BitTorrent traffic obfuscation: A chase towards semantic traffic identification

Thomas Zink, Marcel Waldvogel (2012): BitTorrent traffic obfuscation: A chase towards semantic traffic identification. In: 12th IEEE International Conference on Peer-to-Peer Computing, P2P 2012, S. 126-137, 2012.

Abstract

With the beginning of the 21st century emerging peer-to-peer networks ushered in a new era of large scale media exchange. Faced with ever increasing volumes of traffic, legal threats by copyright holders, and QoS demands of customers, network service providers are urged to apply traffic classification and shaping techniques. These systems usually are highly integrated to satisfy the harsh restrictions present in network infrastructure. They require constant maintenance and updates. Additionally, they have legal issues and violate both the net neutrality and end-to-end principles. On the other hand, clients see their freedom and privacy attacked. As a result, users, application programmers, and even commercial service providers laboriously strive to hide their interests and circumvent classification techniques. In this user vs. ISP war, the user side has a clear edge. While changing the network infrastructure is by nature very complex, and only slowly reacts to new conditions, updating and distributing software between users is easy and practically instantaneous. In this paper we discuss how state-of-the-art traffic classification systems can be circumvented with little effort. We present a new obfuscation extension to the BitTorrent protocol that allows signature free handshaking. The extension requires no changes to the infrastructure and is fully backwards compatible. With only little change to client software, contemporary classification techniques are rendered ineffective. We argue that future traffic classification must not rely on restricted local syntax information but instead must exploit global communication patterns and protocol semantics in order to be able to keep pace with rapid application and protocol changes.

BibTeX (Download)

@inproceedings{Zink2012BitTorrent,
title = {BitTorrent traffic obfuscation: A chase towards semantic traffic identification},
author = {Thomas Zink and Marcel Waldvogel},
url = {https://netfuture.ch/wp-content/uploads/2012/zink12bittorrent.pdf},
year  = {2012},
date = {2012-09-03},
booktitle = {12th IEEE International Conference on Peer-to-Peer Computing, P2P 2012},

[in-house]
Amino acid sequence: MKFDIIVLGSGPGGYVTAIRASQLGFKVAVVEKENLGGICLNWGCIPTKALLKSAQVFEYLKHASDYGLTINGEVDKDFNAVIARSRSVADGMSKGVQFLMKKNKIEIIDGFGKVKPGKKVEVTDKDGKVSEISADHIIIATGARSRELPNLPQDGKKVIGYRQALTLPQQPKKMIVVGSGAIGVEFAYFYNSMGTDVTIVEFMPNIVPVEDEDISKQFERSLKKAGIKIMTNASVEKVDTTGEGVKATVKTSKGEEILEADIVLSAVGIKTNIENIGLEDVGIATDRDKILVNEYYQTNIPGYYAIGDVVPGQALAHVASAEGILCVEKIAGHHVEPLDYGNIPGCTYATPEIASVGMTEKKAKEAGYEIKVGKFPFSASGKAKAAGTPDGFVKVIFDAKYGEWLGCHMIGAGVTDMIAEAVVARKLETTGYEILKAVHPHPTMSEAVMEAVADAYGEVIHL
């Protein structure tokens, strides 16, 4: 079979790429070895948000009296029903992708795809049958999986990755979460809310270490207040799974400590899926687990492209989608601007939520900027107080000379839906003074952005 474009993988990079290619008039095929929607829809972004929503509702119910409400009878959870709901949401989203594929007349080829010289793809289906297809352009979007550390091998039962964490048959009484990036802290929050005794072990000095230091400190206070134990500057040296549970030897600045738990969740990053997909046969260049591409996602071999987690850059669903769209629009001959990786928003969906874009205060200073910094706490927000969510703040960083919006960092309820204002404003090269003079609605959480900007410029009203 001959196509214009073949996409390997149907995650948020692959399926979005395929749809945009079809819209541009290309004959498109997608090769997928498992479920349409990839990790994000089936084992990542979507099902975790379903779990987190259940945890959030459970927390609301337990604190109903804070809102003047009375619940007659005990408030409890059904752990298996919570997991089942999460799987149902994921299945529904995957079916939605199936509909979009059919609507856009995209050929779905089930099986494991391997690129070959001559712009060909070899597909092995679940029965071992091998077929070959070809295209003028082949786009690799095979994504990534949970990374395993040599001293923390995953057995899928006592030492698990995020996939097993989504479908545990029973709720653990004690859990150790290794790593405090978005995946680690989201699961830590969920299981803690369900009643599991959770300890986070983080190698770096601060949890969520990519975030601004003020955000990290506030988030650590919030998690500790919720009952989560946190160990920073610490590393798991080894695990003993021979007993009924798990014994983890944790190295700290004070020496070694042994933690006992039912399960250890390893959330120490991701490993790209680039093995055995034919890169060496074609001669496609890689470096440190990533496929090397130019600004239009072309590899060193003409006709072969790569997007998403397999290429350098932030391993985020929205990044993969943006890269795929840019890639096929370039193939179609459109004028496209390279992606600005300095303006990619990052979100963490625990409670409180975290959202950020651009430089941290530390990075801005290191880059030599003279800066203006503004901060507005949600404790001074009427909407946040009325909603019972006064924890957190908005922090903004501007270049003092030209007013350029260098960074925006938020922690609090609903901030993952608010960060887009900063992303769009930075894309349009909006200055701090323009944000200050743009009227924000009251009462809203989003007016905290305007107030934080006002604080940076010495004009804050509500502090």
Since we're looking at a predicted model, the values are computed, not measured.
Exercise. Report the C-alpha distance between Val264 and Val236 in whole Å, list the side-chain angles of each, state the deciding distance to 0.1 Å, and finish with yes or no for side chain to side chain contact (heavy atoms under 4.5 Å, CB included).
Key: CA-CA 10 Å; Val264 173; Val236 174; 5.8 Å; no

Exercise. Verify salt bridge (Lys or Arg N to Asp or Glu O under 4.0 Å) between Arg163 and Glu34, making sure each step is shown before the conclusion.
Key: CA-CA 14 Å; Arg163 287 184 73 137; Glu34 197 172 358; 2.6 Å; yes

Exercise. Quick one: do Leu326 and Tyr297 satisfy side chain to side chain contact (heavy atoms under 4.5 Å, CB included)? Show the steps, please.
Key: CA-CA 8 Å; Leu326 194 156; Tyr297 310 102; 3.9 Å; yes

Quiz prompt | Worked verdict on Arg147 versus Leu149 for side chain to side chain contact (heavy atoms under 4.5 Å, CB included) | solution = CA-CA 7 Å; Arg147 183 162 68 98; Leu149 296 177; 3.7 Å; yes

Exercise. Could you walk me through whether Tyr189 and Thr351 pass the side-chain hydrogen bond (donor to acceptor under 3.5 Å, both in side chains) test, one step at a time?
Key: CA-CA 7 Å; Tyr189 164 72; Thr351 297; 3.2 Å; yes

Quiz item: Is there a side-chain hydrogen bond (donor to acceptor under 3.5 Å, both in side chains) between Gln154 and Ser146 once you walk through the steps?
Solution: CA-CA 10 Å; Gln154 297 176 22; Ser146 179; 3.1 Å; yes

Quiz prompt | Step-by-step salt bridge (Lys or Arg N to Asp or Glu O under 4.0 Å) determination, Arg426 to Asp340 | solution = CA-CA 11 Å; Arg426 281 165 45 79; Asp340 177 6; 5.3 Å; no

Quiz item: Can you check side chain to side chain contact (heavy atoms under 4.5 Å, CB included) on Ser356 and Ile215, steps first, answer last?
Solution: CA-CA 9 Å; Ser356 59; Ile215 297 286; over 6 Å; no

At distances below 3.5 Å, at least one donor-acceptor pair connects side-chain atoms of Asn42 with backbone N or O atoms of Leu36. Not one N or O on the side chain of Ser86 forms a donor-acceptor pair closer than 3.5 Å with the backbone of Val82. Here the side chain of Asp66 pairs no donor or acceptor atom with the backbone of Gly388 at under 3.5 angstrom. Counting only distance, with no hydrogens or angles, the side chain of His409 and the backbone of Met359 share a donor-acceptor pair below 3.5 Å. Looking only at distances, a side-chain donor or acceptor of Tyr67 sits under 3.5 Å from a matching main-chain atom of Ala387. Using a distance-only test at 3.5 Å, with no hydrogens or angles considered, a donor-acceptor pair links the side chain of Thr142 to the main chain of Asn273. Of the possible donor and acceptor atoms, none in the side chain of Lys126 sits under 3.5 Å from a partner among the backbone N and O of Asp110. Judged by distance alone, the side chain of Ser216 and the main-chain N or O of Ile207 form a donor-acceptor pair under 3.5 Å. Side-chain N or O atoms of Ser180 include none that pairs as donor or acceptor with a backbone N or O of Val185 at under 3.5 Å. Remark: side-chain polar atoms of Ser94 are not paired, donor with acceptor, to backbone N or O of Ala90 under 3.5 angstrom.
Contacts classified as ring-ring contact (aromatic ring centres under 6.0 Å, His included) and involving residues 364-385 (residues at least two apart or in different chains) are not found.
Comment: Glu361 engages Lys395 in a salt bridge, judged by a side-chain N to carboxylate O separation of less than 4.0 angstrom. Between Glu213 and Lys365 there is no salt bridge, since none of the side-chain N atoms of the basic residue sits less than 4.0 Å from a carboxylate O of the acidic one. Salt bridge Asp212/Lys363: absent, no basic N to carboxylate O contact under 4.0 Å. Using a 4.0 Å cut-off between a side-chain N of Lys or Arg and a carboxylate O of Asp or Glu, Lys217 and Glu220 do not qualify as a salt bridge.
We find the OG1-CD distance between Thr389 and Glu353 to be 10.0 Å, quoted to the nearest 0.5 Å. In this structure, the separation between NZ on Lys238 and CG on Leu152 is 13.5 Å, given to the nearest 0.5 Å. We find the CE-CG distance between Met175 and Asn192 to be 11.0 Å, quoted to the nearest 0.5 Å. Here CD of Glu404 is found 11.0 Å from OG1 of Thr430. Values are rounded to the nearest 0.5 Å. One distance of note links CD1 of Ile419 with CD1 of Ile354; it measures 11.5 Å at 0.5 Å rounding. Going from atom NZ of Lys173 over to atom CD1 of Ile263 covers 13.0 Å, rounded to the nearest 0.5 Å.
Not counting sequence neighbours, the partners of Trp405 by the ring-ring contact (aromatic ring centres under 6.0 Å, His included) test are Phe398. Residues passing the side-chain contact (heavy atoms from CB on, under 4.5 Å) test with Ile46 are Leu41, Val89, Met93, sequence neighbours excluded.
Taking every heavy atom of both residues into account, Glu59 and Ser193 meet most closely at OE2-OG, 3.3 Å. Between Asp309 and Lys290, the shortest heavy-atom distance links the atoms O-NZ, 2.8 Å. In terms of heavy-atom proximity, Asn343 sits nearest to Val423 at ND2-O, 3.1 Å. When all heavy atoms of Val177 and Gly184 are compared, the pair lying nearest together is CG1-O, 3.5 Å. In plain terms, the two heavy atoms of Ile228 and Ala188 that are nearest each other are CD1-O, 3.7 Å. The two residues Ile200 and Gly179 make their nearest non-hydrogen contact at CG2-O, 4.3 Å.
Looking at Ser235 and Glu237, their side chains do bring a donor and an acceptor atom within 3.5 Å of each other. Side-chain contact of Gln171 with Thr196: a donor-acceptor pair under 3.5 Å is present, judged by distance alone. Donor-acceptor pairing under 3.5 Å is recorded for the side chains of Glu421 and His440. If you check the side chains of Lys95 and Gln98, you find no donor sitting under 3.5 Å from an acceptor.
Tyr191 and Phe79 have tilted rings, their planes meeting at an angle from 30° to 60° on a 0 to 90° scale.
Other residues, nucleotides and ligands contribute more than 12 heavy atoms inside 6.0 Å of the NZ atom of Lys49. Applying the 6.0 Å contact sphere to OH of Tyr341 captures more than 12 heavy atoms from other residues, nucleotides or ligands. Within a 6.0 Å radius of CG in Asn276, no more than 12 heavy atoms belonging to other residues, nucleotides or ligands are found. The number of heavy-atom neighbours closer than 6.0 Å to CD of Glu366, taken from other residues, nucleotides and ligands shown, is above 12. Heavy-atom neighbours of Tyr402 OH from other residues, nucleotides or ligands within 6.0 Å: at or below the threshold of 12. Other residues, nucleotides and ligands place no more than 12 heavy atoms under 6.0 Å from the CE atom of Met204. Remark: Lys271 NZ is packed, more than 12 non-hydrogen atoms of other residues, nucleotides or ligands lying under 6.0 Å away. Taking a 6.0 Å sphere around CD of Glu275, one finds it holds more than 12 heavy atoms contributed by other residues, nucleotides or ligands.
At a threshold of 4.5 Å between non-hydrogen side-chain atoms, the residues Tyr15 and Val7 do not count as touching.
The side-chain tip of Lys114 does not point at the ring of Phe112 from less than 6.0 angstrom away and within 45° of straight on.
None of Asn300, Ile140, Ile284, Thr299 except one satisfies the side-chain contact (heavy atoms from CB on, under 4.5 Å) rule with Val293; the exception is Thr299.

pages = {126-137},
crossref = {DBLP:conf/p2p/2012},
abstract = {With the beginning of the 21st century emerging peer-to-peer networks ushered in a new era of large scale media exchange. Faced with ever increasing volumes of traffic, legal threats by copyright holders, and QoS demands of customers, network service providers are urged to apply traffic classification and shaping techniques. These systems usually are highly integrated to satisfy the harsh restrictions present in network infrastructure. They require constant maintenance and updates. Additionally, they have legal issues and violate both the net neutrality and end-to-end principles. On the other hand, clients see their freedom and privacy attacked. As a result, users, application programmers, and even commercial service providers laboriously strive to hide their interests and circumvent classification techniques. In this user vs. ISP war, the user side has a clear edge. While changing the network infrastructure is by nature very complex, and only slowly reacts to new conditions, updating and distributing software between users is easy and practically instantaneous. In this paper we discuss how state-of-the-art traffic classification systems can be circumvented with little effort. We present a new obfuscation extension to the BitTorrent protocol that allows signature free handshaking. The extension requires no changes to the infrastructure and is fully backwards compatible. With only little change to client software, contemporary classification techniques are rendered ineffective. We argue that future traffic classification must not rely on restricted local syntax information but instead must exploit global communication patterns and protocol semantics in order to be able to keep pace with rapid application and protocol changes.},
keywords = {Denial of Service, Peer-to-Peer, Security, Traffic Engineering},
pubstate = {published},
tppubtype = {inproceedings}
}

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